Statins work better if you follow a Mediterranean diet
Statins work better for people who follow a Mediterranean diet, a study showed. A diet based on Mediterranean principles boosts the effects of these medications. Patients who have already had a stroke or heart attack benefit the most. This is what researchers from the Istituto Neurologico Mediterraneo Neuromed in Pozzilli, Italy found.
The researchers wrote about their study and findings in the International Journal of Cardiology (citation below).
The Mediterranean diet includes an abundance of vegetables, legumes, cereals, olive oil, fish, and fruit. It also includes wine in moderation. The diet is low in dairy products and meat.
First author, Marialaura Bonaccio, an Epidemiologist at the Department of Epidemiology and Prevention, said:
“We found that statins and Mediterranean Diet together were more effective, as compared to one or the other considered separately, in reducing the risk of cardiovascular mortality. Likely, a Mediterranean diet facilitated the beneficial effect of statins, that in our real-life study were generally used at low doses.”
The research team also analyzed this positive interaction’s potential underlying mechanisms between eating habits and drugs. Prior studies had barely explored the mechanisms that underlie this interaction.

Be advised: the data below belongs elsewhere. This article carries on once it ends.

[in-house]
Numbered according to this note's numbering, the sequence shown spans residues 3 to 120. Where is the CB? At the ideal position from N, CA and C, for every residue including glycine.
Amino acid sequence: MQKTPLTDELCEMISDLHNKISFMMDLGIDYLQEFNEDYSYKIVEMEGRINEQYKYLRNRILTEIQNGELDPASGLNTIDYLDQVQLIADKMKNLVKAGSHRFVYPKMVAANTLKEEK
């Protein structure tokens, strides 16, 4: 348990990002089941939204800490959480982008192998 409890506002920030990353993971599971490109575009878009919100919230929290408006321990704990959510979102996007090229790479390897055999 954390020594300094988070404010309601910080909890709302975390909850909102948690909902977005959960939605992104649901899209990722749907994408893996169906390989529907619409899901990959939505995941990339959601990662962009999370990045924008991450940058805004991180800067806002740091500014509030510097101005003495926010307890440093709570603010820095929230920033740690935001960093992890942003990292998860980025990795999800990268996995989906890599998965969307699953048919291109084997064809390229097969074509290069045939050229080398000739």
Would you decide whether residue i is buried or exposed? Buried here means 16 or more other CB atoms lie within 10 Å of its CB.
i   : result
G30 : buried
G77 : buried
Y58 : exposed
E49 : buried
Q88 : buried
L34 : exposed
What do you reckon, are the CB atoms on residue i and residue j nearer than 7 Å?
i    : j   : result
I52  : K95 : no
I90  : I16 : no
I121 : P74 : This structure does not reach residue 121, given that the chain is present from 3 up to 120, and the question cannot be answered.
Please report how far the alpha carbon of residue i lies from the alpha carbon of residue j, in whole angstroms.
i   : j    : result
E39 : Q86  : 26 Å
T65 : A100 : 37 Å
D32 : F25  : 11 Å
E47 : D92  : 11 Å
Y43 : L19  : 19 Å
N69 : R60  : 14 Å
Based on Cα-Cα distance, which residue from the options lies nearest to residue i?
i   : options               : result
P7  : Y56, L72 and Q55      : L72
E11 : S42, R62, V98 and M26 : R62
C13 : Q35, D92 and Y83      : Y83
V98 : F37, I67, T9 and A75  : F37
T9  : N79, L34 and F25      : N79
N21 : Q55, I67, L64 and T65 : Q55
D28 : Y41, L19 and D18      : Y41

Statins + Mediterranean diet reduce subclinical inflammation
Co-author Licia Iacoviello said:
“The favorable combination of statins and Mediterranean Diet appeared to act, rather than on cholesterol levels, by reducing subclinical inflammation, a condition that predisposes to a higher risk of illness and mortality.”
Iacoviello is a Professor of Hygiene at the University of Insubria. She is also head of the Laboratory of Molecular and Nutritional Epidemiology at the Department of Epidemiology and Prevention.
High levels of subclinical inflammation double the risk of mortality among stroke or heart attack patients. Therefore, Prof. Iacoviello added, this finding is of particular interest.
When something is ‘subclinical,’ it is not severe enough to present readily observable or definite signs.
Giovanni de Gaetano, Director of the Department of Epidemiology and Prevention, said:
“Our data suggest that we should focus more on the possible interactions between food and drugs, an aspect largely neglected in epidemiological research. Of course, controlled clinical trials will be needed to clarify these findings.”
“If our data will be confirmed, new therapeutic possibilities could be designed for those who have already had a cardiovascular event, allowing a better modulation of the pharmacological intervention in relation to life habits. This is a new aspect of personalized medicine.”
“Interaction between Mediterranean diet and statins on mortality risk in patients with cardiovascular disease: Findings from the Moli-sani Study,” Marialaura Bonaccio, Licia Iacoviello, Marialaura Bonaccio, Marialaura Bonaccio, Augusto Di Castelnuovo, Giovanni de Gaetano, Simona Costanzo, Mariarosaria Persichillo, Maria Benedetta Donati, Amalia De Curtis, and Chiara Cerletti. International Journal of Cardiology (2018). DOI: https://doi.org/10.1016/j.ijcard.2018.11.117.